The house at 155 South Main Street in Suffield, around 1935-1942. Image courtesy of the Connecticut State Library.
The house in 2017:
This house was built in 1795 for Timothy Phelps and his wife Elizabeth. At the time, they had two young sons, Thaddeus and James, and they would later have a daughter, also named Elizabeth. The overall appearance of the house is similar to the traditional New England Colonial-style home, with a gabled roof and a symmetrical front facade, with four windows on the first floor and five on the second floor. However, the house is more ornate than the earlier Colonial homes, with classically-inspired elements such as the Palladian window above the door, cornices over the windows, and pilasters on the corners of the house.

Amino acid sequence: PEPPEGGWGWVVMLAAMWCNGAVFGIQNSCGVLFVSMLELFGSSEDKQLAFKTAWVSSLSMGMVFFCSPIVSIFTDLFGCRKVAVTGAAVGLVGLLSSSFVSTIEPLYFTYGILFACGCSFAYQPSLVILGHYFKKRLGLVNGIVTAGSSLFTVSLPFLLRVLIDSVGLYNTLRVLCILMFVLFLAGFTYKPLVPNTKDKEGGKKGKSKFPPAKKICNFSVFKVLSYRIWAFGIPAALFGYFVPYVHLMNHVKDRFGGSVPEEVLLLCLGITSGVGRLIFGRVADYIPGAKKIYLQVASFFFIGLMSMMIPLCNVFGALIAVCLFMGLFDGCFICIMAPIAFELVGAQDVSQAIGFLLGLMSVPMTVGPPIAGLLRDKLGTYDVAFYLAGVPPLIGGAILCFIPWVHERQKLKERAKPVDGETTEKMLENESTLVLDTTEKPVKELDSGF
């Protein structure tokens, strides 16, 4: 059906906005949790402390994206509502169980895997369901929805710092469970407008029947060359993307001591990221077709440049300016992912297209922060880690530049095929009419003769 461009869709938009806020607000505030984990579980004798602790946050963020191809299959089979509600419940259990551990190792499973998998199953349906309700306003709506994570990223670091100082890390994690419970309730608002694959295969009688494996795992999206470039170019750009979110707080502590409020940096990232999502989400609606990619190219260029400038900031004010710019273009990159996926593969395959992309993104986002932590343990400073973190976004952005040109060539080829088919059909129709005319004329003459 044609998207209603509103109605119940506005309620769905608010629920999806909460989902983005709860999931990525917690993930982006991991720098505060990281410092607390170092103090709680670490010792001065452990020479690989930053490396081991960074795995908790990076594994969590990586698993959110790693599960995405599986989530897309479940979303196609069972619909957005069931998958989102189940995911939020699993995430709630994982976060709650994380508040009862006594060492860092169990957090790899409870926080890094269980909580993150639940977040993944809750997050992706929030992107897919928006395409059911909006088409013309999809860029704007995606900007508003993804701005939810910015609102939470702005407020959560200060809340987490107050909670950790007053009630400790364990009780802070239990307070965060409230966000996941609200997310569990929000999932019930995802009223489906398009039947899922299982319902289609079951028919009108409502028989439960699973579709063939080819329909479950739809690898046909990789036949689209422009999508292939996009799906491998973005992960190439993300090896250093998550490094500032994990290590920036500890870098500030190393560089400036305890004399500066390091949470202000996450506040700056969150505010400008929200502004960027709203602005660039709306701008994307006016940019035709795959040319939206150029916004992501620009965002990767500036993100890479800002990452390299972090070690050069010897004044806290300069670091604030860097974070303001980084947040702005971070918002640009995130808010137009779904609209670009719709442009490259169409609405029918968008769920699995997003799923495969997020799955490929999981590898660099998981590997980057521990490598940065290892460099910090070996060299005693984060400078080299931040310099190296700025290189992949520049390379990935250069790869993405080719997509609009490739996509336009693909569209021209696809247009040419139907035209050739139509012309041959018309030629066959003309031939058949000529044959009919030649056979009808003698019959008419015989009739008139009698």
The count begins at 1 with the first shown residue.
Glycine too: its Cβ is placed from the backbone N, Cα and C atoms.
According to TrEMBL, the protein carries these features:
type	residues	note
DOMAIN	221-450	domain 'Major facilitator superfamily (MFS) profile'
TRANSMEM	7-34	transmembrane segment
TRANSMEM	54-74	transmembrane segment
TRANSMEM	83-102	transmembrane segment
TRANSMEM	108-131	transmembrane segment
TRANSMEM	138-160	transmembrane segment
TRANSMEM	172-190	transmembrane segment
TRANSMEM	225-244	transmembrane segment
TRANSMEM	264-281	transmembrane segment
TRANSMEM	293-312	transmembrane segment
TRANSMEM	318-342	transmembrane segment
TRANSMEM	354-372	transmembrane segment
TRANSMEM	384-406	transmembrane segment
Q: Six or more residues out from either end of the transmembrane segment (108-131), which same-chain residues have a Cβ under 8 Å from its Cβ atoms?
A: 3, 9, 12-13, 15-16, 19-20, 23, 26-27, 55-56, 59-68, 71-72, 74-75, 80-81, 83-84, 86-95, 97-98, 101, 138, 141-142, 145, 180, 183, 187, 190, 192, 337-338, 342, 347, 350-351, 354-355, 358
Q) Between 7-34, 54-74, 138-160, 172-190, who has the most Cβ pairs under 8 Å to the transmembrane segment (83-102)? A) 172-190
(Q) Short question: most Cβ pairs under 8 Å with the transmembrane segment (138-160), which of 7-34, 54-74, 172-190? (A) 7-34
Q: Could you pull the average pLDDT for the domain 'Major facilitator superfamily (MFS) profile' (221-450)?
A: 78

Timothy Phelps died in 1836 at the age of 75, and Elizabeth died nine years later. Since then, the house has undergone some changes, including additions on the back. Probably the most noticeable change, though, is the metal roof, which was installed sometime before the first photo was taken. Overall, though, the house has retained its Federal-style architectural details, and it is one of many elegant 18th century homes in the center of Suffield. Along with the other surrounding homes, it is now part of the Suffield Historic District on the National Register of Historic Places.